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Kaylee was struggling. Diagnosed with a heart condition and cancer, she was scared. So she started a blog. Soon, people across the country answered her plea, writing notes of encouragement and even trying to mail her care packages. One night, she wrote a supporter. "I'm overwhelmed right now. I'm dying."
Brief interactions evolved into late-night, long-hour conversations. But things only got worse. And that was the problem.
In early December 2008, Kaylee added a new blog entry titled, "Coming Clean." She didn't have cancer. She had never been sick. In a move eerily reminiscent of the fake "Kaycee Nicole" of 2001, "Kaylee" revealed to her numerous followers that she had been lying for two years.
The news was a blow, but there had been signs. In fact, whenever anyone is revealed as an imposter, you can almost always look back and find signs.
How do you know if someone online is genuine? Sometimes it's pretty transparent. We've all received messages about magic bank accounts filled with rivers of cash. One of my favorites was an e-mail from a supposed FBI agent. He requested that I send money to prove I wasn't a terrorist. (I've got to admit, that was pretty creative.) I also fondly remember an e-mail from "David Palmer" of the show 24. He needed money, too, because apparently TV characters are real. I'm still waiting for a message from Jack Bauer.
Alfred Adler, a psychologist who collaborated with Sigmund Freud, said: "Trust only movement. Life happens at the level of events, not of words. Trust movement." The philosophy transfers to the online world quite well. Don't just trust words, authenticate them. This is especially vital when the communication involves your business. You can verify someone in two ways: through technology and observation. The technical side can often be faked, but a scammer will always give off a psychological "tell."
Here are a few tools, available free on the Web, that will help you identify who's for real and who's surreal (and likely up to no good, at your expense):
Run Internet background checks. Google (GOOG) is your friend. Use the popular search engine to look up a contact's e-mail address. Is the first part used as an alias? If your contact has a Web site, run a search on it. Visit Who Is Domain Tools to see who owns the site and when it was launched. Finally, plug your contact's phone number into Who Called Us to see if he has been identified as a scammer.
Trace the e-mail. You can use an e-mail's header to find the sender's location. What Is My IP Address works great for this. You'd be amazed how many times I've found that an e-mail came from Nigeria! This method isn't foolproof, though. Many scammers use proxies to hide their location.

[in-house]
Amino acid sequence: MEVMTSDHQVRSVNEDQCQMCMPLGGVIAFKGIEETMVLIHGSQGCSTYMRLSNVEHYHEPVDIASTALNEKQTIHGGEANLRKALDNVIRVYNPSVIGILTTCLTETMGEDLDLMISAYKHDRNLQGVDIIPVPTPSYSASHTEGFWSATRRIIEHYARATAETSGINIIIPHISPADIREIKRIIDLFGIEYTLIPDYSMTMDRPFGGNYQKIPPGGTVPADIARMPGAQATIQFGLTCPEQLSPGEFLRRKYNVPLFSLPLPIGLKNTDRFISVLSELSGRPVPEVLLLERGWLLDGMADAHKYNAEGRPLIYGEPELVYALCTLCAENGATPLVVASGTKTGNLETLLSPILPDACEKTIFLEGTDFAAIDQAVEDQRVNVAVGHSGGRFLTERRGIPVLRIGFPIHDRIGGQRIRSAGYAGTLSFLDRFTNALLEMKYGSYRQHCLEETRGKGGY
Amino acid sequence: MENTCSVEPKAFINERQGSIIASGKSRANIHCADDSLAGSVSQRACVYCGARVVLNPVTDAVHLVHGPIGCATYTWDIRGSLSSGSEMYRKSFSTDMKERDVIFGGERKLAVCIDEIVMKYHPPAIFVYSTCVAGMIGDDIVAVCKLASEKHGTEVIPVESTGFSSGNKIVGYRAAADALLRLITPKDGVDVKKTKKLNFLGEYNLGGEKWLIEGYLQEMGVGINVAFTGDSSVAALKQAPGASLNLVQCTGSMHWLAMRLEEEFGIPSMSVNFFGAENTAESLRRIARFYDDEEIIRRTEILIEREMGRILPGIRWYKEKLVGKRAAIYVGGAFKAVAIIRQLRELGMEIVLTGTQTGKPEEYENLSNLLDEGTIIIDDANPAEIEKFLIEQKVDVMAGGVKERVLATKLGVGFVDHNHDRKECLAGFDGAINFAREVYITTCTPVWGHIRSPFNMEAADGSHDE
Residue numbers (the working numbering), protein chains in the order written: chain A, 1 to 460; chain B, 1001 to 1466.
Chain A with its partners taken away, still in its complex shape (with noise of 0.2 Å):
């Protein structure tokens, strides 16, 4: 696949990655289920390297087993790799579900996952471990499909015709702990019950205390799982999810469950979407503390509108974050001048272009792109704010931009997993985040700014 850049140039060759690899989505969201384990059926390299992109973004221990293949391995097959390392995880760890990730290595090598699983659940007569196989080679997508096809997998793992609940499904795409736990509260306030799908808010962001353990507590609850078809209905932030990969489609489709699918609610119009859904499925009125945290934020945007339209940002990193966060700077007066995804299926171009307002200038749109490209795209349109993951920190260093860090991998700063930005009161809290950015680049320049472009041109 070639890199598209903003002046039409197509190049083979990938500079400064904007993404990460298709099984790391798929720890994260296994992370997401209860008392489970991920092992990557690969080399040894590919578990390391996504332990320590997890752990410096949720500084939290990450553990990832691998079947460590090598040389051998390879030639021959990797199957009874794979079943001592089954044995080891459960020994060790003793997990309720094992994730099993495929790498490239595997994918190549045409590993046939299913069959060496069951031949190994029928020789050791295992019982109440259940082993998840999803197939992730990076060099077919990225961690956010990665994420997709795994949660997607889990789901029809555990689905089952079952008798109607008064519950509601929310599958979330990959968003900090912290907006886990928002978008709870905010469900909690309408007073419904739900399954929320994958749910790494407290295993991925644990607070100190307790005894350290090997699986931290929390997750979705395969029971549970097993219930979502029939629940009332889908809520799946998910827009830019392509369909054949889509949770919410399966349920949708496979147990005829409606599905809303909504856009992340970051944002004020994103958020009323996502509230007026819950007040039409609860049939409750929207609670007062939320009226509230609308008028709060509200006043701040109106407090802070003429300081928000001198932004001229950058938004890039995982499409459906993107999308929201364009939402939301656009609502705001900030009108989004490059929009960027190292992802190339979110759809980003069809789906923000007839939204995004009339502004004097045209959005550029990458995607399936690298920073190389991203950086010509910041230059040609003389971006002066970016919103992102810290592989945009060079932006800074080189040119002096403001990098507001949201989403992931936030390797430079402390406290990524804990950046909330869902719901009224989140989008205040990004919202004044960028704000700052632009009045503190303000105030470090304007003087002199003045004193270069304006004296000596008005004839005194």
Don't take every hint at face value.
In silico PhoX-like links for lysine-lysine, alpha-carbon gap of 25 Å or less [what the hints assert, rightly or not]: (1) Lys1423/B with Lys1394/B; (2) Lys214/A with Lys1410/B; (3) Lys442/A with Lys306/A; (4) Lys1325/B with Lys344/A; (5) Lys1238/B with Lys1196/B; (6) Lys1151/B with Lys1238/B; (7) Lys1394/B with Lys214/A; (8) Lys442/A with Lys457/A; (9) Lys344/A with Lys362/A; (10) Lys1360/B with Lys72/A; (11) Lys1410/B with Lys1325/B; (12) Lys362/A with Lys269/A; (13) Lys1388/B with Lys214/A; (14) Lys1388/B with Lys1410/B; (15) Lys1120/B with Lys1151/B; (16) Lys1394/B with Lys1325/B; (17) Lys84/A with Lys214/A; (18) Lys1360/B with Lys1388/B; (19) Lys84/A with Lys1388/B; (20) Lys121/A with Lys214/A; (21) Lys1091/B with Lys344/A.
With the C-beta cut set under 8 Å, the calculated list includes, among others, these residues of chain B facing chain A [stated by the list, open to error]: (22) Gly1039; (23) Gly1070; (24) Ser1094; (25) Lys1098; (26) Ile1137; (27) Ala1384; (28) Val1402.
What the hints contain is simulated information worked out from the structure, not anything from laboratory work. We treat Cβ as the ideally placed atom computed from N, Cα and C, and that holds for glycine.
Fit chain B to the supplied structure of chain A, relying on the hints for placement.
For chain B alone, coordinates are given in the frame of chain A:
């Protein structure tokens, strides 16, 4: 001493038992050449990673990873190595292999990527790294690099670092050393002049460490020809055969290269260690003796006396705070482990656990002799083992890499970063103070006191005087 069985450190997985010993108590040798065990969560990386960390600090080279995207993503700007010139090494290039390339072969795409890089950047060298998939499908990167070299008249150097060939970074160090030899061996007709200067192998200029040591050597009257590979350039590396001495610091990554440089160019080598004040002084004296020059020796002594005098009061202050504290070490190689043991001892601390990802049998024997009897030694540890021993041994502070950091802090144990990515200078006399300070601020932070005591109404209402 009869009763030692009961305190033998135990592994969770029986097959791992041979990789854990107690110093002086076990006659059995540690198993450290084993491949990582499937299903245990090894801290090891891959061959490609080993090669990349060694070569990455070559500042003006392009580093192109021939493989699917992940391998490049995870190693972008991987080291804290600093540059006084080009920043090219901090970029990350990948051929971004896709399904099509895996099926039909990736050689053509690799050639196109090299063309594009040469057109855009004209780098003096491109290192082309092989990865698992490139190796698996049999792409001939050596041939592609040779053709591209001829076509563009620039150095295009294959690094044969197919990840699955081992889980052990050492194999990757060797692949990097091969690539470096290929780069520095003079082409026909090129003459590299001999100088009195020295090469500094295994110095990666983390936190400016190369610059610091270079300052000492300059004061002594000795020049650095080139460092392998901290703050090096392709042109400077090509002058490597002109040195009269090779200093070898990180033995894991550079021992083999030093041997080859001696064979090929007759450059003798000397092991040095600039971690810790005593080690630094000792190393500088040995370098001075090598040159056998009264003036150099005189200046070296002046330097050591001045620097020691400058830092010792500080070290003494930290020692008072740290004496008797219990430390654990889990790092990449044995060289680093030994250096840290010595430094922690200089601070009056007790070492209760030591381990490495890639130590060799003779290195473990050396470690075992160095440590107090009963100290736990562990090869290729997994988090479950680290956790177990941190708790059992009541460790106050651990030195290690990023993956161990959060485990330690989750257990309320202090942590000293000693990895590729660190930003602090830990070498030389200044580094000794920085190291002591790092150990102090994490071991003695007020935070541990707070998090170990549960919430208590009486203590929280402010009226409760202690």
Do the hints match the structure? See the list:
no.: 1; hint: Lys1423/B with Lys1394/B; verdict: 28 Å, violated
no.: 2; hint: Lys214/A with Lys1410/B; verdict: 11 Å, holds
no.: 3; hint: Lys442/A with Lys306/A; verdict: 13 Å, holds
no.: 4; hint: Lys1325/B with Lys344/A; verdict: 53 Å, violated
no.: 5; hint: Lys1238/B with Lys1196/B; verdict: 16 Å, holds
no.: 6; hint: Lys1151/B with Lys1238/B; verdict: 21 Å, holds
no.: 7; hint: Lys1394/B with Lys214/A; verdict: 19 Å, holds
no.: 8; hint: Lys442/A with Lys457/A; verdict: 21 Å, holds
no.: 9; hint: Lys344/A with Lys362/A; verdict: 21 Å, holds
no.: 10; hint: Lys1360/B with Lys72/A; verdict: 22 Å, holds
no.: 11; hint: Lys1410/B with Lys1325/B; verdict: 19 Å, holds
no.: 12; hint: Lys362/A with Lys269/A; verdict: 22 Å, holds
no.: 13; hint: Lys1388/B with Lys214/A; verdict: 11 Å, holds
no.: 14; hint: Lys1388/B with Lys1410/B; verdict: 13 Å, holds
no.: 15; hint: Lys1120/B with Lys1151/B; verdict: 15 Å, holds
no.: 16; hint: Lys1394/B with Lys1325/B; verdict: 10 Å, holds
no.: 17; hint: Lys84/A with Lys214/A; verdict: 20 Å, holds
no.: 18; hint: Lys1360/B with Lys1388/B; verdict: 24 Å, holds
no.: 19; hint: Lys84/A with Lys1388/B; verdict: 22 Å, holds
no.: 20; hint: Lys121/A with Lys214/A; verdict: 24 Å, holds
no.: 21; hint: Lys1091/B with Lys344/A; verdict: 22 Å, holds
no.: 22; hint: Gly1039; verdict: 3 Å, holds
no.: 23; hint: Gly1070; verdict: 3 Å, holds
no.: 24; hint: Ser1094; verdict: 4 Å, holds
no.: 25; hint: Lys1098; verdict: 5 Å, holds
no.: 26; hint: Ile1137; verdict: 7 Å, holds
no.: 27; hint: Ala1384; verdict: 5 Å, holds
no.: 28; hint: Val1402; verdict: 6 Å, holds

Check Web statistics. Most people have a Web tracker on their blog or site (I like StatCounter.) If a new contact says he found your Web site through a search, check your Web stats to see if a visitor from his IP address really was referred in that way.
Identifying scammers is like calling a bluff in poker. Technical observation isn't enough. Look for subtle behavior changes that give away a person's real intentions.
Think about whether he or she is being consistent. Creating a fake persona takes a lot of work, so pay attention to details. If the contact should be in surgery, was she online instead? Also, is the tone a little too urgent, too desperate? Fake personas create situations that demand (your) immediate attention.
As your mom no doubt always told you, trust your gut instincts. Does your new contact sound too good to be true? Is her photo too perfect? Many scammers steal photos from modeling Web sites and stories from fairy tales.
The hallmark of many fake personas is drama. The craziest things keep happening—over and over and over. Sometimes, you're the only person in the world who can help—or so you're told.
Finally, emotional scammers crave attention. Does he come up with a new problem when you try to end a conversation? Scammers will not respect your boundaries. Watch for signs that he is keeping an eye on you, as if you're a fish on a line that he doesn't want to get away.
All of this was driven home to me during the first week of this new year, when a woman on Twitter learned the hard way that people online are quite unpredictable. After a particularly rough night putting her daughter to bed, the frustrated mom "tweeted" that she wanted to smother her child so she would fall asleep. Later that night, there was a knock on her door. One of her followers had reported her to the police.
It's best to not just be authentic, but wisely authentic. Watch who you interact with and what you say online. You never know who's listening.
Stephanie Dube is a full-time law student and freelance writer based in Plano, Tex. You can find out more about her at www.StephanieDube.com/Twitter.